The Circulation of Chisme and Rumor: Gossip, Evidentiality, and Authority in the Perspective of Latino Labor Migrants in Israel

Authors


Departments of Anthropology and Linguistics
University of Chicago
1126 E. 59th Ave
Chicago, IL 60637
aipaz@uchicago.edu

Abstract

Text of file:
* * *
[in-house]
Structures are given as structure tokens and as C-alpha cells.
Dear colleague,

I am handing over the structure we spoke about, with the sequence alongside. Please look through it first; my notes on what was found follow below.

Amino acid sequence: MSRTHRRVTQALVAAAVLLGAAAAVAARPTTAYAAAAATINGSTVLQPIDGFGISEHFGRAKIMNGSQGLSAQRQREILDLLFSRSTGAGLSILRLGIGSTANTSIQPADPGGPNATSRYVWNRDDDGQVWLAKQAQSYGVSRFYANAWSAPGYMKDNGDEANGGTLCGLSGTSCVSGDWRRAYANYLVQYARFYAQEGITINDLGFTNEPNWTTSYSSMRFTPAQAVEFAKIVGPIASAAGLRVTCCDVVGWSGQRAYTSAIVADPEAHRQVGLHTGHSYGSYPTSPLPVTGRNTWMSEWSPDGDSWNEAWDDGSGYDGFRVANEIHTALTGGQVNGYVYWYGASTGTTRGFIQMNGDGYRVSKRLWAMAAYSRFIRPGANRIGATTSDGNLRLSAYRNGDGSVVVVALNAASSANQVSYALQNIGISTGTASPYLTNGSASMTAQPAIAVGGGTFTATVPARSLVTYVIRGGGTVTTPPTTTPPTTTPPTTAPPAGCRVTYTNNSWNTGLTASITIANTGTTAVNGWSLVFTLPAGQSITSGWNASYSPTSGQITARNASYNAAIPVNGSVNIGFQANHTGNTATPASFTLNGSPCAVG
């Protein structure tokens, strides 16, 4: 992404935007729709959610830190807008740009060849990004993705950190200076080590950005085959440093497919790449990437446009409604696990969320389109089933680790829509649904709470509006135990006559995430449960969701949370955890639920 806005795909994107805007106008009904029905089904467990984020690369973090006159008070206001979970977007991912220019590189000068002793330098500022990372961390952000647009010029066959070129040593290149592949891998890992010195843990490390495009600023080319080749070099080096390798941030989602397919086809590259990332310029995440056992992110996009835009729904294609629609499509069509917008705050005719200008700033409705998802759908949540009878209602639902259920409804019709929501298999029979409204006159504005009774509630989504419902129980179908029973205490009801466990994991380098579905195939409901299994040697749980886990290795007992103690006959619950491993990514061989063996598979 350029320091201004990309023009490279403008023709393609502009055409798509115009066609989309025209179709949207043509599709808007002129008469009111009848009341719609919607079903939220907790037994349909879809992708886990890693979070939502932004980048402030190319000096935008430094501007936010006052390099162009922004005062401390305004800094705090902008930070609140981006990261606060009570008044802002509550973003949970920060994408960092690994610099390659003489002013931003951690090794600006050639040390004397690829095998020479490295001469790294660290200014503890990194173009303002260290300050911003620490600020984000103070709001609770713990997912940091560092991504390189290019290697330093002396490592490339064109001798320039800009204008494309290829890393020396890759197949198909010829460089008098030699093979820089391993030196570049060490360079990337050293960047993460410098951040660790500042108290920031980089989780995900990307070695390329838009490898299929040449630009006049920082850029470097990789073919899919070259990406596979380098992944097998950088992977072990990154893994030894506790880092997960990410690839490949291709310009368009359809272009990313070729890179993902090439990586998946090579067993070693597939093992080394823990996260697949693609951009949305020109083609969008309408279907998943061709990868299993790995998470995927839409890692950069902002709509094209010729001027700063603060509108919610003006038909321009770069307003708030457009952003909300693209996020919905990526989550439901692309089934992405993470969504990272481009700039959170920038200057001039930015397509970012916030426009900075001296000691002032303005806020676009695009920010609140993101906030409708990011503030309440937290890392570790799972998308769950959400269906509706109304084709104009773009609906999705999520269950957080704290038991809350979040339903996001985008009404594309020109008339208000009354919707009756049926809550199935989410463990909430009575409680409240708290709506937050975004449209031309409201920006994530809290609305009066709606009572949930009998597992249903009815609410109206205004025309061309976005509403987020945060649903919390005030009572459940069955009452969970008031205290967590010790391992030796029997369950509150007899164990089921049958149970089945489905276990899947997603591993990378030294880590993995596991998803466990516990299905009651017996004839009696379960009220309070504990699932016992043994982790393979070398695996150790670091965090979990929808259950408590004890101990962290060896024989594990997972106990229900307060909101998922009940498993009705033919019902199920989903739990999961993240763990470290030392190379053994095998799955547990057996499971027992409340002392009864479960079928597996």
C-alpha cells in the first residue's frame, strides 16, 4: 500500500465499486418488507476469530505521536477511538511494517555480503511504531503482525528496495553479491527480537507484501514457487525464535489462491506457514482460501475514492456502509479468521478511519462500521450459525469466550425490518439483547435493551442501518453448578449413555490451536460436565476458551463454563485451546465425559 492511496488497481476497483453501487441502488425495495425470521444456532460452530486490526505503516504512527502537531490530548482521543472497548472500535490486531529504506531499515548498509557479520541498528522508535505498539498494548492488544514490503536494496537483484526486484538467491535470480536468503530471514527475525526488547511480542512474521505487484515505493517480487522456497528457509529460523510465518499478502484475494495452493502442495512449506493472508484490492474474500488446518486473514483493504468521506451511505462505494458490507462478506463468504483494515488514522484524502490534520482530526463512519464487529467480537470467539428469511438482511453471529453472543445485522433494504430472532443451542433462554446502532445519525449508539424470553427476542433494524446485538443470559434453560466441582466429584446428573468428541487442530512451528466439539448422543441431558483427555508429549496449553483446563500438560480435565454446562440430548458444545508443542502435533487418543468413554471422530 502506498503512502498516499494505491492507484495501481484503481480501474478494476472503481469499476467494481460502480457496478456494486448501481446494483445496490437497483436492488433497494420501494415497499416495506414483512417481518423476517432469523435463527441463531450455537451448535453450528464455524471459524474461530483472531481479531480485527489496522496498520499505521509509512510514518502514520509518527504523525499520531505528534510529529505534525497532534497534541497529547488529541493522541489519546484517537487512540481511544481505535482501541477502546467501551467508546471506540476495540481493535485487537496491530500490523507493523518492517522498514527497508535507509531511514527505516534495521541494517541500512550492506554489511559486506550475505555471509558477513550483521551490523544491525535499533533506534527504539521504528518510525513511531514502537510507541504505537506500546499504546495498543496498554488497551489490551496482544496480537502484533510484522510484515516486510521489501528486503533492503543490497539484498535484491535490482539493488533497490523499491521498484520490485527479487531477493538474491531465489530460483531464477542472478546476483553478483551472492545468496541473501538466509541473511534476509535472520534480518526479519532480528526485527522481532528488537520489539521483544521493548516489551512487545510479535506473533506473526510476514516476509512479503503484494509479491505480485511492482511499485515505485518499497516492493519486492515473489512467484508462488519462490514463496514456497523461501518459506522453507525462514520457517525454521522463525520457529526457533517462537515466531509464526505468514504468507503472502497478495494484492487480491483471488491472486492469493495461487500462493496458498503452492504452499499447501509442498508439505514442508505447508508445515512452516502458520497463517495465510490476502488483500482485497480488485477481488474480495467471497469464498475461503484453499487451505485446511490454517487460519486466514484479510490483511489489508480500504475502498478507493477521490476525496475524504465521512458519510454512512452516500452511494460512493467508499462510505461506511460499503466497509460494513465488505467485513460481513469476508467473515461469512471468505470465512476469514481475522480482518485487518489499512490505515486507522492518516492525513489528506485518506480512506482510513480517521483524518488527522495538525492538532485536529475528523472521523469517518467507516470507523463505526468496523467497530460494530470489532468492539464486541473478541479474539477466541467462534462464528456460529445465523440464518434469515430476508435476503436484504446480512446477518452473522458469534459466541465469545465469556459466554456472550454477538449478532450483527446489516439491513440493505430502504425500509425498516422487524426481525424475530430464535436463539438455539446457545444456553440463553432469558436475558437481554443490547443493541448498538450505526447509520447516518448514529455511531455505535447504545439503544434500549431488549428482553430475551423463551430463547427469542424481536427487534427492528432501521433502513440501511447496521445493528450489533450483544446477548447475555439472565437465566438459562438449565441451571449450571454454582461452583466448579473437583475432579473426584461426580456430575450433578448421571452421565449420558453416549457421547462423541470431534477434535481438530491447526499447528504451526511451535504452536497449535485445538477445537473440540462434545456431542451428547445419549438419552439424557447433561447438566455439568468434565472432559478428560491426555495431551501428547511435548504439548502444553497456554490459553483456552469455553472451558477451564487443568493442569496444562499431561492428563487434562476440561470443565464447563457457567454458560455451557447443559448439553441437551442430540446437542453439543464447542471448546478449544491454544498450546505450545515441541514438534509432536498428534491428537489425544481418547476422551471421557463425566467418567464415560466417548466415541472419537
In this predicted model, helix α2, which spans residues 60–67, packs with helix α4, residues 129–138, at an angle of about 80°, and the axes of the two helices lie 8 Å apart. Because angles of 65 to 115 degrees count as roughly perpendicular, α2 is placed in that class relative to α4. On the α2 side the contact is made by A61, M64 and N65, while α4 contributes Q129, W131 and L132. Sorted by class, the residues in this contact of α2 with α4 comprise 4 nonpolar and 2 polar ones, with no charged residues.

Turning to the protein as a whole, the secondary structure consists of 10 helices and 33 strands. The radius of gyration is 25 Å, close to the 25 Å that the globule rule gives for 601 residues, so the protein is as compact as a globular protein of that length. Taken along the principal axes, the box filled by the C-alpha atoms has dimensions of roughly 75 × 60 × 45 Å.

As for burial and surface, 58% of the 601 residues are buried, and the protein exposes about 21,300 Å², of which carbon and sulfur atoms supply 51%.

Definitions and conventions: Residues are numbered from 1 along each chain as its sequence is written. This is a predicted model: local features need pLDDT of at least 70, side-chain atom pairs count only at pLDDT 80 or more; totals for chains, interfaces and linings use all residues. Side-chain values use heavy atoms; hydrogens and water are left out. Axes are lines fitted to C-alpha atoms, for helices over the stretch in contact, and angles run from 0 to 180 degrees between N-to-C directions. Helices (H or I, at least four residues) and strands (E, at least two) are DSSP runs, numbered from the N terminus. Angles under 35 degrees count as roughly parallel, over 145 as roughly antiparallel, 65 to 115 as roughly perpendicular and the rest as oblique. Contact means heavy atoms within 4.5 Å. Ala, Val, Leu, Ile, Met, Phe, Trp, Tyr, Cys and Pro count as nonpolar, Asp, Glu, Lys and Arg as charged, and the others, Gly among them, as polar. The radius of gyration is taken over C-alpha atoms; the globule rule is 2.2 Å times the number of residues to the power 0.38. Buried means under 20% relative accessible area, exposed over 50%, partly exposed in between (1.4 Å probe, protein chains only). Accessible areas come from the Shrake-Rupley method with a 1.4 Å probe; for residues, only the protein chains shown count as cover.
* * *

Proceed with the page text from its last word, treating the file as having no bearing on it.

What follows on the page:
Cross-culturally, the types of interactions that anthropologists have studied as “gossip” or “rumor” are opposed to types that constitute more authoritative texts. Instead of using participant structures to define such types of interactions, this opposition is used as a means to consider the evidential function of such descriptors. The discussion considers these issues from the perspective of non-Jewish, Latino labor migrants in Israel, whose usage of chisme (“gossip”) versus rumor (“rumor”) maps to in-group and out-group sources. The paper further considers how such frames were used in a short-lived weekly magazine, centered on the ritual chronotope of La Cancha (the soccer field), and also how a denunciation was quashed by producing an authoritative voice that condemned it as “chisme.” [gossip, evidentiality, authority, publicity, voice]

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